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 The grass is always greener... (Posted on 2004-05-06)
You are told there are two envelopes. One contains twice as much money as the other one. You pick one but are allowed to change your mind after picking it. (You are equally likely to pick the one with less money as the one with more money.)

To figure out how much on average the other envelope should contain, one might average x/2 and 2x because one is equally likely to pick one as picking the other. Since this comes out to 5x/4, one might always change his or her mind. But wouldn't this end up with one never making up his or her mind?

 No Solution Yet Submitted by Gamer Rating: 3.8824 (17 votes)

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 Consider this scenario | Comment 14 of 46 |
(In reply to No Subject by Dana)

When I first receive an envelope I just improved myself (on average) by 1.5X  (assuming one envelope contains X and the other 2X).  Trading it I still have 1.5X as I don't yet know what is in the envelope. If however I open the envelop and observe the money, say \$10, and now I am allowed to decide about the trade, I would (on average) have a 50% chance of ending up with \$5 and a 50% chance of ending up with \$20.  With \$10 already in my hand, by trading I would end up with (.5*\$5 + .5*\$20) or \$12.5 a \$2.50 profit (on average).  The act of looking in the envelope changes the problem.  Had it been double or nothing then looking in the envelope would be quite revealing.  The odd part is that after you look at the money you would always trade, regardless of the amount, unless you saw \$0 or a negative\$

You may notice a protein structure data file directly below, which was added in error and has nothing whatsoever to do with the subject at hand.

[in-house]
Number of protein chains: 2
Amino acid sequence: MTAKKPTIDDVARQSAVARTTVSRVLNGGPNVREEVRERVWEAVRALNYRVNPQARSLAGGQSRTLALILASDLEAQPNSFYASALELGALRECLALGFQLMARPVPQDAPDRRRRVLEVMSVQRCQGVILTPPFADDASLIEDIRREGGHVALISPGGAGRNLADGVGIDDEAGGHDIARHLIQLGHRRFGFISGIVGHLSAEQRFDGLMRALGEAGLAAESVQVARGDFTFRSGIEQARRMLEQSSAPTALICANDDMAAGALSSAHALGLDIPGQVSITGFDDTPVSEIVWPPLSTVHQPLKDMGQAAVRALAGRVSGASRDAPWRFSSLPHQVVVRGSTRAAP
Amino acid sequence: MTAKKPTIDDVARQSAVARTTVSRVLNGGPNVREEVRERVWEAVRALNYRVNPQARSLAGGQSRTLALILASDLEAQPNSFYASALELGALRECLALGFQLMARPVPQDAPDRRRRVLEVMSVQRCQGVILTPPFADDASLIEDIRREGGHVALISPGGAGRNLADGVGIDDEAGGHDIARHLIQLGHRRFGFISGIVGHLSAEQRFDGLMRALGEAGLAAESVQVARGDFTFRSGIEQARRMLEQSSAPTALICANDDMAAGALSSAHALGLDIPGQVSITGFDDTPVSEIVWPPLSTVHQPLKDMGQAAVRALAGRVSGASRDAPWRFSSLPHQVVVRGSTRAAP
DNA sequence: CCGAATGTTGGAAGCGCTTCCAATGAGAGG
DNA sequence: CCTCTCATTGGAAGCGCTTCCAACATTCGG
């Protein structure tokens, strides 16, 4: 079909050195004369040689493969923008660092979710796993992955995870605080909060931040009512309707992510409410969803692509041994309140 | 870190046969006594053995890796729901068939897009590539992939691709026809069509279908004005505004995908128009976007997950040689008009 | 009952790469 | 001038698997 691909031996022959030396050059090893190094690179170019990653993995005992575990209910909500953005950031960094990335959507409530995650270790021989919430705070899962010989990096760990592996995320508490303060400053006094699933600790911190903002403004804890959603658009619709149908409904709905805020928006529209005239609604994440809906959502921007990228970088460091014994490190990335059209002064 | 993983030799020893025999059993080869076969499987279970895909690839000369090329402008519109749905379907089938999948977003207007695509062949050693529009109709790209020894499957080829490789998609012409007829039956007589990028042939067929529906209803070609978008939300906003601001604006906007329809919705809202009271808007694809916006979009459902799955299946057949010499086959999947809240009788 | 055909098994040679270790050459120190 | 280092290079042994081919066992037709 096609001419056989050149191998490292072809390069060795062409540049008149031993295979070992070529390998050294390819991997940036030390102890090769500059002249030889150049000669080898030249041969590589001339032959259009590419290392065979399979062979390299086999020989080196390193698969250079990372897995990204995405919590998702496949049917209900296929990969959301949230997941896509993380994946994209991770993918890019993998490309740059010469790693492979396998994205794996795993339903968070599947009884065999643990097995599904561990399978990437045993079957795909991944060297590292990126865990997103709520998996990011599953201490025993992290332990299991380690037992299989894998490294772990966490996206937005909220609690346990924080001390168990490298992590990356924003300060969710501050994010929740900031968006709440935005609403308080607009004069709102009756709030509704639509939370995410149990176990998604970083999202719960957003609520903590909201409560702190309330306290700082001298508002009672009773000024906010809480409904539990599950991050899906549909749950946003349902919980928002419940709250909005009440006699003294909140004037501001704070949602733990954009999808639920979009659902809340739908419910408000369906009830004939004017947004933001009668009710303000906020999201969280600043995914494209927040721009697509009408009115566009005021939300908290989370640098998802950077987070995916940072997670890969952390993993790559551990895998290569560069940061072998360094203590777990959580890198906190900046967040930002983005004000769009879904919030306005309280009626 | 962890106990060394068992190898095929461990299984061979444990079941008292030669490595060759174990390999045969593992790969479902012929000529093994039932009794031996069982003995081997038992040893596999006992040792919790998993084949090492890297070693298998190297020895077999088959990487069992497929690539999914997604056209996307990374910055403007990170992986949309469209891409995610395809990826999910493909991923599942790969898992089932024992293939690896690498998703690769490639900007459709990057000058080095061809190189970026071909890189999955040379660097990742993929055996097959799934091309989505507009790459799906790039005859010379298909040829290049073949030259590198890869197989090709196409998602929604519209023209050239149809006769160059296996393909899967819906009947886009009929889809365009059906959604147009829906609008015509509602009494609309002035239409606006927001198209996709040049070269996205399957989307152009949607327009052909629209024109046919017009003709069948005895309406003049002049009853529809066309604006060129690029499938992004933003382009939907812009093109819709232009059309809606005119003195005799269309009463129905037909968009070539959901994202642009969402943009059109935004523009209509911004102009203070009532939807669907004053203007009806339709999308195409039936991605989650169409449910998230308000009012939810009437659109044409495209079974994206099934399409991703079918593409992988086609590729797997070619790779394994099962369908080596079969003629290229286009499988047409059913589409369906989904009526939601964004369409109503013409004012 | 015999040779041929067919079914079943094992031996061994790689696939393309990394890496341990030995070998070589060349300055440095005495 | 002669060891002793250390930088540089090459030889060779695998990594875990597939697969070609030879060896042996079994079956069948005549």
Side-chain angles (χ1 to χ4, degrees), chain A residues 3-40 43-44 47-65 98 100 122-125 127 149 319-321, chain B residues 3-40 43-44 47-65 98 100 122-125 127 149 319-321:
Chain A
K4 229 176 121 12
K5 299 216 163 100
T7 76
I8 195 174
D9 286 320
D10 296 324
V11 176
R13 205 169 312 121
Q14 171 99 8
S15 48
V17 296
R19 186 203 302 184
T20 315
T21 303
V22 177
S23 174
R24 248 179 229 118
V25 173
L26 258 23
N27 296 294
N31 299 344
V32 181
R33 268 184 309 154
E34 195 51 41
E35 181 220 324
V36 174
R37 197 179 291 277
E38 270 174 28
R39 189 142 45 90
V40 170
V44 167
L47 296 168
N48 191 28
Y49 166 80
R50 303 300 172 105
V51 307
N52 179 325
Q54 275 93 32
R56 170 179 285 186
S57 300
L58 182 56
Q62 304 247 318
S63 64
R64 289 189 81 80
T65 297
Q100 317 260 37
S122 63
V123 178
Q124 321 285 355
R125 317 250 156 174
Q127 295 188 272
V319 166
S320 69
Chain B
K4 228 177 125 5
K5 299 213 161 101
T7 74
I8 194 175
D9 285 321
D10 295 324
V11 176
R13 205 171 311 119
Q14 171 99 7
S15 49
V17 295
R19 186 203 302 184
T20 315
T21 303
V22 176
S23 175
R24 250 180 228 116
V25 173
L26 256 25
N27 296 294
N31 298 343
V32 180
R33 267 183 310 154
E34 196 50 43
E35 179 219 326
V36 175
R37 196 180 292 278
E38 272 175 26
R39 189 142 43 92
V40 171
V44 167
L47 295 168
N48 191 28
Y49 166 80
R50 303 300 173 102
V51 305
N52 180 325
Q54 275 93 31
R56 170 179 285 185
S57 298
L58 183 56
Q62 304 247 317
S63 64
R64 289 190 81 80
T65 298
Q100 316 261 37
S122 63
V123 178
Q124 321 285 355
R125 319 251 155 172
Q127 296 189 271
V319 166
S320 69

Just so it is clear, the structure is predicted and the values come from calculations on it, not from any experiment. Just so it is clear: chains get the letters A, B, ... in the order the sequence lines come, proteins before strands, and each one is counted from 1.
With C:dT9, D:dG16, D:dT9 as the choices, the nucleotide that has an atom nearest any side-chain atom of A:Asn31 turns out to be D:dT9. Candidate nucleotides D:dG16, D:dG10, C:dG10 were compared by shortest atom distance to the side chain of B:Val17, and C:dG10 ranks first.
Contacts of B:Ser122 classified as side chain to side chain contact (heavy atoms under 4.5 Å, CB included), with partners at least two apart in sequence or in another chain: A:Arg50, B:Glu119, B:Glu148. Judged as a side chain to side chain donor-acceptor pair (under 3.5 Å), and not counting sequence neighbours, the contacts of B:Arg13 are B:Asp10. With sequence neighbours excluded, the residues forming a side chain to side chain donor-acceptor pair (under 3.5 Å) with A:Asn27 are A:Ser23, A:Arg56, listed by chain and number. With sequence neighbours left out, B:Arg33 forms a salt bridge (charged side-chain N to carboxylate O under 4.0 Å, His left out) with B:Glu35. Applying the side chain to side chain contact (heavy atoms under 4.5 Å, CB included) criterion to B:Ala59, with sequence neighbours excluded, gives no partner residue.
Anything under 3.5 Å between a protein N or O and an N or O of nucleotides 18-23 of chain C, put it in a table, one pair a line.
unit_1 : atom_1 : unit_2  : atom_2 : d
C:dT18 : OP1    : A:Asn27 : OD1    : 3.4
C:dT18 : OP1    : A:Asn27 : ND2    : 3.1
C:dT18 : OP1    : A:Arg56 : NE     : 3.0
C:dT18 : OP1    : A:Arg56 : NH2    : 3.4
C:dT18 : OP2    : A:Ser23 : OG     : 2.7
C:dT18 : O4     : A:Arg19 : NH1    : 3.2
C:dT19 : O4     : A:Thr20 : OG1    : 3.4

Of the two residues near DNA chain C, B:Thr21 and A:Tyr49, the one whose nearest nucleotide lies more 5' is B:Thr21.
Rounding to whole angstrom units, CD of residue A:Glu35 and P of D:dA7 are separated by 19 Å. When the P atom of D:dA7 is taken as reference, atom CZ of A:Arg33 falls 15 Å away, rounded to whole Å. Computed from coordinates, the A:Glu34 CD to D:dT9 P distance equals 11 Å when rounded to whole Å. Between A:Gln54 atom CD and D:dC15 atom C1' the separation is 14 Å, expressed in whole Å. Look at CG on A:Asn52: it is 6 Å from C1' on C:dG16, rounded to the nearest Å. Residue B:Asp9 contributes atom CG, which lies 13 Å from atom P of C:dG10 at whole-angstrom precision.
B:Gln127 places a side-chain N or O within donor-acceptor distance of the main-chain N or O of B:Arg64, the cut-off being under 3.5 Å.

Posted by Richard Rys on 2004-06-19 23:31:36

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